Part of it is that I know there are segments that are still missing. Situations and subplots that need to be beefed up so that our protagonists’ actions make more sense. Small patches of vague world building that need to be clarified to make the story more real. Things that could be improved upon. This is the level I’m at now…going through what I have so far and filling in all those blanks.

Part of it is also that I need it to have more emotion. I’m trying not to talk myself into thinking that I’m merely comparing it to the Bridgetown Trilogy (which had quite a lot of it), only that I know the story could be livelier. Making the characters more personal. Giving them lives that the reader could empathize with. It doesn’t need to be high drama, it just needs to have more of that active spirit that pulls the reader along.

My writer brain occasionally reminds me of the possible idea of doing a complete rewrite to make it more vibrant creatively and emotionally, just like the Trilogy, and though that is of course tempting, I’m not sure if that’s something this story needs. Then again…my creative instincts tell me that this is precisely what Theadia needs right now, and I’ve since relearned that following my creative instincts have rarely steered me wrong when it comes to projects I believe in. And if I choose to follow through, then I will need to dedicate as much time to it as I possibly can.

[That, of course, brings up my long-standing creative foe, Distraction. If I’m going to do a total rewrite, I’m going to need to manage my time a hell of a lot better than I have. But that’s another post entirely.]

I can see this with the last several projects I’ve been working on: MU4, Diwa & Kaffi, Queen Ophelia and Theadia. They’re all stories that I want to tell, and stories I believe in…but my instincts are telling me they’re not quite told to my satisfaction just yet. I can do better. I can write them better. I can give them more of my spirit to make them work the way they should.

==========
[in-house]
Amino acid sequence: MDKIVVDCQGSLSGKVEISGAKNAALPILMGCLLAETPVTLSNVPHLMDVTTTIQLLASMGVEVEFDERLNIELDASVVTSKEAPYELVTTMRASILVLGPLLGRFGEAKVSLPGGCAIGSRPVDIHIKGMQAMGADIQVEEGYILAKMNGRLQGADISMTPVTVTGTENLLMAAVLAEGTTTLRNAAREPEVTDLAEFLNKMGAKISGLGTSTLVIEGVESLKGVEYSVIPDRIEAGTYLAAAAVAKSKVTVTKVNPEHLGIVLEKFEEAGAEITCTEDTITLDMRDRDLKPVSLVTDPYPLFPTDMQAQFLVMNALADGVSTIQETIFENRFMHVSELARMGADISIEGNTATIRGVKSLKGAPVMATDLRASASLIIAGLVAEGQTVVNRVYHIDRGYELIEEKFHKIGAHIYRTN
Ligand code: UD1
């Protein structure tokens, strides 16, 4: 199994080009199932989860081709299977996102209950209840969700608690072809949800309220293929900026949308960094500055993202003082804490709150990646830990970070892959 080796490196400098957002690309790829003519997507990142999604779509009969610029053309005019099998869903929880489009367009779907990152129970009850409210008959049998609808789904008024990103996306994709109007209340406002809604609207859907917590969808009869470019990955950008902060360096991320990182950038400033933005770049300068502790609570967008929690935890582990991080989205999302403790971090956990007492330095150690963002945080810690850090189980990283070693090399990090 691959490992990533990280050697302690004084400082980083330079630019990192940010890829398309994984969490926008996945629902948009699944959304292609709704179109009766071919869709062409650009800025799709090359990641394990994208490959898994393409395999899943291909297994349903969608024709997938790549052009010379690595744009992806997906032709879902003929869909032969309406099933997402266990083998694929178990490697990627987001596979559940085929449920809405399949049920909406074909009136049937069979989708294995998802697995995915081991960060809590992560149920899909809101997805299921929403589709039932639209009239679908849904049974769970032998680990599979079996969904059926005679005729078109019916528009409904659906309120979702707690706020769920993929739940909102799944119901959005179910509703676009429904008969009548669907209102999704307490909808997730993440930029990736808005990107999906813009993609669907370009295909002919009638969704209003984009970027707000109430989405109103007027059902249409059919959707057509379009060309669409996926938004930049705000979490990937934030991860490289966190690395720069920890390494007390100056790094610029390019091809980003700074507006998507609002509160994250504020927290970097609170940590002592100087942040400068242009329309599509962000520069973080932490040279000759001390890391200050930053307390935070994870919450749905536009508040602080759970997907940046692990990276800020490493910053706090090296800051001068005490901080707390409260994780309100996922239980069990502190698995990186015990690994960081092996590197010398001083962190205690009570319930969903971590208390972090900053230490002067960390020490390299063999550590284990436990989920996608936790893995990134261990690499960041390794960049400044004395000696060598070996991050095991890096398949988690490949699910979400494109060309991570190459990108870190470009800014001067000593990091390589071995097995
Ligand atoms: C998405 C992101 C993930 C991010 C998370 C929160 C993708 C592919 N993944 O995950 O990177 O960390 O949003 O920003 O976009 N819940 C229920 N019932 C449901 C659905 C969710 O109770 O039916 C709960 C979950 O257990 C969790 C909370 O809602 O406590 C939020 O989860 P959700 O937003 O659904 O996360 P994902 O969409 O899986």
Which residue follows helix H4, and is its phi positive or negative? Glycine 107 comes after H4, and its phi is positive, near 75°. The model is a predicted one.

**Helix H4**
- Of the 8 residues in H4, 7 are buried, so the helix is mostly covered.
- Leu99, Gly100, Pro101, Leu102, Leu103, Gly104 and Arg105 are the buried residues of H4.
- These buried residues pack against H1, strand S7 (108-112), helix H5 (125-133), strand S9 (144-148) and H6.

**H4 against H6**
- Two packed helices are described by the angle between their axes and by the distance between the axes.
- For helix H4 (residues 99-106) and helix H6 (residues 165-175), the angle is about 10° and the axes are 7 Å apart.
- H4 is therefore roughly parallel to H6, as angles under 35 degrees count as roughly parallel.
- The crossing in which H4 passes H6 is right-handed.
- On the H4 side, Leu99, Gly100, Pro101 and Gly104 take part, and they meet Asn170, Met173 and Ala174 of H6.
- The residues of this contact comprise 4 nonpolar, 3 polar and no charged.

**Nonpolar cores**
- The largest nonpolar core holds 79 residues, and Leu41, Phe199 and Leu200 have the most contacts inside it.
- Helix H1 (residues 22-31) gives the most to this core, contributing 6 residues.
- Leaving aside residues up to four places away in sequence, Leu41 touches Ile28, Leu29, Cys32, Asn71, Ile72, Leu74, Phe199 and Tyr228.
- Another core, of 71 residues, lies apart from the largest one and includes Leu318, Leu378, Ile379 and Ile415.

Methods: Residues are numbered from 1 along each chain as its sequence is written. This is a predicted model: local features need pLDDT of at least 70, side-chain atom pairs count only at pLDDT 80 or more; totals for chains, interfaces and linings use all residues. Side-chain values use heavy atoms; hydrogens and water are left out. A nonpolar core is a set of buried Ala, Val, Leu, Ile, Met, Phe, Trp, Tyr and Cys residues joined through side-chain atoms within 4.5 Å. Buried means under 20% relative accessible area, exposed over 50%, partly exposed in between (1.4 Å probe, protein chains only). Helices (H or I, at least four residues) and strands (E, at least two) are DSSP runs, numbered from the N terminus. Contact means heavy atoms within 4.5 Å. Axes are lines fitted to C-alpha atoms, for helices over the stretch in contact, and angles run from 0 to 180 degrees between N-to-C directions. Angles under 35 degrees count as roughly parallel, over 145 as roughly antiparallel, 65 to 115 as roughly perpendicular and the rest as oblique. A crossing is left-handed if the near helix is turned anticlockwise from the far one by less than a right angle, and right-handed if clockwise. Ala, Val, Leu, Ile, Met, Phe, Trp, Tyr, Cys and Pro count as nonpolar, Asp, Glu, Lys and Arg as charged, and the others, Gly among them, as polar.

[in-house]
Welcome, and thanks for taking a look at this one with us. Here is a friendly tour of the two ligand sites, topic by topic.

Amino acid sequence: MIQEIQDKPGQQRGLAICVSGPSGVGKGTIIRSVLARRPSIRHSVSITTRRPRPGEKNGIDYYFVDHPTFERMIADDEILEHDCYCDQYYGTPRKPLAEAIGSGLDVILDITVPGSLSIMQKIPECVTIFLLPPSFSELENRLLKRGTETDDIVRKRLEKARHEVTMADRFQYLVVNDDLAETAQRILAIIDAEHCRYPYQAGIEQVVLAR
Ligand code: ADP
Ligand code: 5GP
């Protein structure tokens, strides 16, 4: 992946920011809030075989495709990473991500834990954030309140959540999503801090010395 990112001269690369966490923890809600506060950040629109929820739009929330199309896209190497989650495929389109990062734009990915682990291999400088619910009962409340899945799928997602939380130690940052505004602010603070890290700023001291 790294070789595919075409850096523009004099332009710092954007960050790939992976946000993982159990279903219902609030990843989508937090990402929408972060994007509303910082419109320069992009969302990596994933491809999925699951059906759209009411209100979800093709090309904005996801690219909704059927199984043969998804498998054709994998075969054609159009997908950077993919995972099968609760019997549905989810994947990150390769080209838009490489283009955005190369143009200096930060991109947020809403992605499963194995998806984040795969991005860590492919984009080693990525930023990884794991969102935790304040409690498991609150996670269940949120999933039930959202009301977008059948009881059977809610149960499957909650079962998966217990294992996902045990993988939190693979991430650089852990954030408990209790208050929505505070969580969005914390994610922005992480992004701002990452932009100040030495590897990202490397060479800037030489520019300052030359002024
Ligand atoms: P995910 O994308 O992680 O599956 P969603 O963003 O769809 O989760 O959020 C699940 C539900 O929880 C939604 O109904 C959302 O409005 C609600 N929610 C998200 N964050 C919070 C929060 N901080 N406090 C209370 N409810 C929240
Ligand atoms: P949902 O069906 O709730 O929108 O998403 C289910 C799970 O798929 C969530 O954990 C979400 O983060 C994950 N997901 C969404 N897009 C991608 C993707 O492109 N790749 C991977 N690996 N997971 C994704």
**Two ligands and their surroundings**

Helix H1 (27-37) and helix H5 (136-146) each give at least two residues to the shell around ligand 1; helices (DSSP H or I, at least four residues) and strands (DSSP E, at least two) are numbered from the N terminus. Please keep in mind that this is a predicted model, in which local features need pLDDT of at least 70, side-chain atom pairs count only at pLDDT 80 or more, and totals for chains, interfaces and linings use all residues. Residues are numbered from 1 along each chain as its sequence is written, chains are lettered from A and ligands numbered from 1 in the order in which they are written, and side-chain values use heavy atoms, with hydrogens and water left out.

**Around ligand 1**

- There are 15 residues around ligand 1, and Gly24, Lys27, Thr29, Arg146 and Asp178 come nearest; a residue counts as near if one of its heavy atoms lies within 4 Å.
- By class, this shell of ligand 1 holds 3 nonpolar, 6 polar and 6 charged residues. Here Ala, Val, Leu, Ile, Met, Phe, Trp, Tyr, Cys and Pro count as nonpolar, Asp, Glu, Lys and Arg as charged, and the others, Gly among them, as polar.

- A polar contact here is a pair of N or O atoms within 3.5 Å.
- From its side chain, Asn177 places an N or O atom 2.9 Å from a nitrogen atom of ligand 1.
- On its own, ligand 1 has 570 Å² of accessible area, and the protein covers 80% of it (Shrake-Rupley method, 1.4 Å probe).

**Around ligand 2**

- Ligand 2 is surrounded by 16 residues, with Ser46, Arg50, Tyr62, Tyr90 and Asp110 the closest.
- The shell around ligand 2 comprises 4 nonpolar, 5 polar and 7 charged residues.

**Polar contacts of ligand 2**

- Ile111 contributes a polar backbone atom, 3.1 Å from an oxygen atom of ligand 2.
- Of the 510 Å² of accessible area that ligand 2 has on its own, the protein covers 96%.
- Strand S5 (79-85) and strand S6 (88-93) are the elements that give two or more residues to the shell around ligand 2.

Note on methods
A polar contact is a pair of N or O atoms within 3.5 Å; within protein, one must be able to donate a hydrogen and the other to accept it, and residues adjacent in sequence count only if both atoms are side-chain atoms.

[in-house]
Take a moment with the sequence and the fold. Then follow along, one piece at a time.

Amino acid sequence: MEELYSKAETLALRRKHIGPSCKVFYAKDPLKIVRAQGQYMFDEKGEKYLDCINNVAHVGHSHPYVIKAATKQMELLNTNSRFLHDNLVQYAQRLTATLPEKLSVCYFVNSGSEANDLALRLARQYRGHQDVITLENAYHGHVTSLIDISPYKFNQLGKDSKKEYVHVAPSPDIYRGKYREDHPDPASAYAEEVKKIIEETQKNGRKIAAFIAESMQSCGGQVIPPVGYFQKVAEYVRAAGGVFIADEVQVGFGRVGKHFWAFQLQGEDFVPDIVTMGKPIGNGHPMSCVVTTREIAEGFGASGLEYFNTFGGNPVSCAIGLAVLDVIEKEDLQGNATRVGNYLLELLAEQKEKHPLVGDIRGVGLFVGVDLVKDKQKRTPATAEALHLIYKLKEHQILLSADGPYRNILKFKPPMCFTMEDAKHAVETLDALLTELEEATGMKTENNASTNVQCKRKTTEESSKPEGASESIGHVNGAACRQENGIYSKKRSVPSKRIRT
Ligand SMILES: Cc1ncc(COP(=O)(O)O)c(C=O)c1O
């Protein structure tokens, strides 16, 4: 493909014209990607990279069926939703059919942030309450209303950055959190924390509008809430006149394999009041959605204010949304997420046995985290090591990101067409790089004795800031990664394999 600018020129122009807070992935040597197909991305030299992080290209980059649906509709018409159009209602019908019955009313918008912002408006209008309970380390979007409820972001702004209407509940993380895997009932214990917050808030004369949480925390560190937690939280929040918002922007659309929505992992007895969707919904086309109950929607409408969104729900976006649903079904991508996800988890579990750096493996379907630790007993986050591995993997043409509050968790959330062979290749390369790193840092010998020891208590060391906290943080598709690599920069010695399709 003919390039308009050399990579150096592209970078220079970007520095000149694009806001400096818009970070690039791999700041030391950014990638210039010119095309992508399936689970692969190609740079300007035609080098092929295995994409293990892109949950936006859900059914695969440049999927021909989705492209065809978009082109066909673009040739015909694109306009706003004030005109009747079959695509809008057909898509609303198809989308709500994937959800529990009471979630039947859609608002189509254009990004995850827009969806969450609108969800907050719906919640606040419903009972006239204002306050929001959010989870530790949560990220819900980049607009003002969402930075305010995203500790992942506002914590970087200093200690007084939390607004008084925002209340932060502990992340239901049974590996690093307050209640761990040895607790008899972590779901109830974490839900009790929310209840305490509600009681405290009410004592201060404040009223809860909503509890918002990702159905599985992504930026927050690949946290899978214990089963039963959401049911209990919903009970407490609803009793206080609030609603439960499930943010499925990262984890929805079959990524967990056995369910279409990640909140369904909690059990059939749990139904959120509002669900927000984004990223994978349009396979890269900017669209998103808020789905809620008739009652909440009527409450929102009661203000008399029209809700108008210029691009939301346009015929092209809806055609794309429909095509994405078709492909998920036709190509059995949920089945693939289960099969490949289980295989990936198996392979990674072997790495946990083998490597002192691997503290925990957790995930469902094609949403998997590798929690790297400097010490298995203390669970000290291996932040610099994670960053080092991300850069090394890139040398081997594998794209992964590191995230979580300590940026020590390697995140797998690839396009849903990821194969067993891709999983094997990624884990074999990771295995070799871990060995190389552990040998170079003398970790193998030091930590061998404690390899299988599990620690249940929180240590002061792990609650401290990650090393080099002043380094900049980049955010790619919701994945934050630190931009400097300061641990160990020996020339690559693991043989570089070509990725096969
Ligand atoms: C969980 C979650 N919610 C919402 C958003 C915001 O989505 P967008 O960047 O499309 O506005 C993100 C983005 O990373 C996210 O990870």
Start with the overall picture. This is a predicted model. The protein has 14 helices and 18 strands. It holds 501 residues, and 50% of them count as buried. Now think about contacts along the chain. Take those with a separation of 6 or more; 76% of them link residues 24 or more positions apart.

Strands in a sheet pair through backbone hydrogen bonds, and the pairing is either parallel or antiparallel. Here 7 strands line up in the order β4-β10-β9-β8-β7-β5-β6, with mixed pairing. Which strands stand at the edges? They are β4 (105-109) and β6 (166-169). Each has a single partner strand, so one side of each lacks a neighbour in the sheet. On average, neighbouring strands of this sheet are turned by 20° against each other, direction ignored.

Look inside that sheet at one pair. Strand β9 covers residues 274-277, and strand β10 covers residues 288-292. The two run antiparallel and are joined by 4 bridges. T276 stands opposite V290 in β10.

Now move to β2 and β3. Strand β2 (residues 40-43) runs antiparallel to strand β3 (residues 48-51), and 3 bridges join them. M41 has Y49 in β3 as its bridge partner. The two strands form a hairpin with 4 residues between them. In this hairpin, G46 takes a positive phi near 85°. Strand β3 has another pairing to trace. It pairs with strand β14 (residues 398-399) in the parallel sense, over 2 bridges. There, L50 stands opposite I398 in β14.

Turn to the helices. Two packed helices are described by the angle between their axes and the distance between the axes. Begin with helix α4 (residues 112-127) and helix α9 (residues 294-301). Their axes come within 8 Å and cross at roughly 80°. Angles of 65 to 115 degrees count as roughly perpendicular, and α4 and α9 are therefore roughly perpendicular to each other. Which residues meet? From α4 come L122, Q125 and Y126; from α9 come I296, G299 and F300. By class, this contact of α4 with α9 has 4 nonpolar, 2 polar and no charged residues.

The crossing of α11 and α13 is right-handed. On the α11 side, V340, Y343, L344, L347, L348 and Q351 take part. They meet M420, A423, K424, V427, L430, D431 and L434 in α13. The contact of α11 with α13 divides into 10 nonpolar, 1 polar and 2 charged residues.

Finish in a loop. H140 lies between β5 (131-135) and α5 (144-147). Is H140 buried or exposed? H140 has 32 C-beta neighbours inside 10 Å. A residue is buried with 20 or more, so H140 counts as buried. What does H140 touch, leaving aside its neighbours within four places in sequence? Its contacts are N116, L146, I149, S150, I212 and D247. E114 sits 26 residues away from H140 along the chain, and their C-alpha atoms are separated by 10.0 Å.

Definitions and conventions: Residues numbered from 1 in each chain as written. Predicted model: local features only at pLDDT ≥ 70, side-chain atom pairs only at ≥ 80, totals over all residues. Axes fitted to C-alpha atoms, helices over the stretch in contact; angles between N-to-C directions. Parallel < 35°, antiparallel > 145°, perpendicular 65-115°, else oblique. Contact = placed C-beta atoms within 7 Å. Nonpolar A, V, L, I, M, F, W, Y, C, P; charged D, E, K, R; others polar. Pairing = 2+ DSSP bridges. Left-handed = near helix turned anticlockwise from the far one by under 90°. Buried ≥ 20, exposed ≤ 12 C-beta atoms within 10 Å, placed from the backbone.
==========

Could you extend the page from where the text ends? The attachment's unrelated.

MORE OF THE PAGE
Will this mean several more years of not releasing anything? I don’t think so…I’m hoping I’ll have something out later this year, though I’m not sure which one it will be. Maybe it’ll be something utterly different. Maybe it won’t be any of them. Who knows…?

Still. Whatever I do next, I’m going to need to start working on it, and very soon.

There’s a World Outside

Image courtesy of Your Name

I’ve been spending a lot of time at work noticing there’s a world outside Spare Oom’s one window.

I mean, I know there’s a world out there, and I’m not talking about the unseen lands past the Golden Gate Bridge and the Marin Headlands. I’m talking about people in my neighborhood. The teens attending the nearby schools. The families in the neighboring houses and apartments in the Richmond District. The dog walkers, the late-shifters stopping in the store at 10pm to buy tomorrow’s lunch, the retirees stocking up for the week or buying that one ingredient they’re out of.

I’ve known they’re out there, but I’d kept them at a very long distance over the years. Part of it was the need to figure myself out without all the outside distraction and influence. And with the Former Day Job, my connection with others was mostly Other Businesses where there’s always that bit of enforced professional distance. I got along with my coworkers there but was never a close friend. But somewhere along the line that became the norm: I just didn’t people all that much.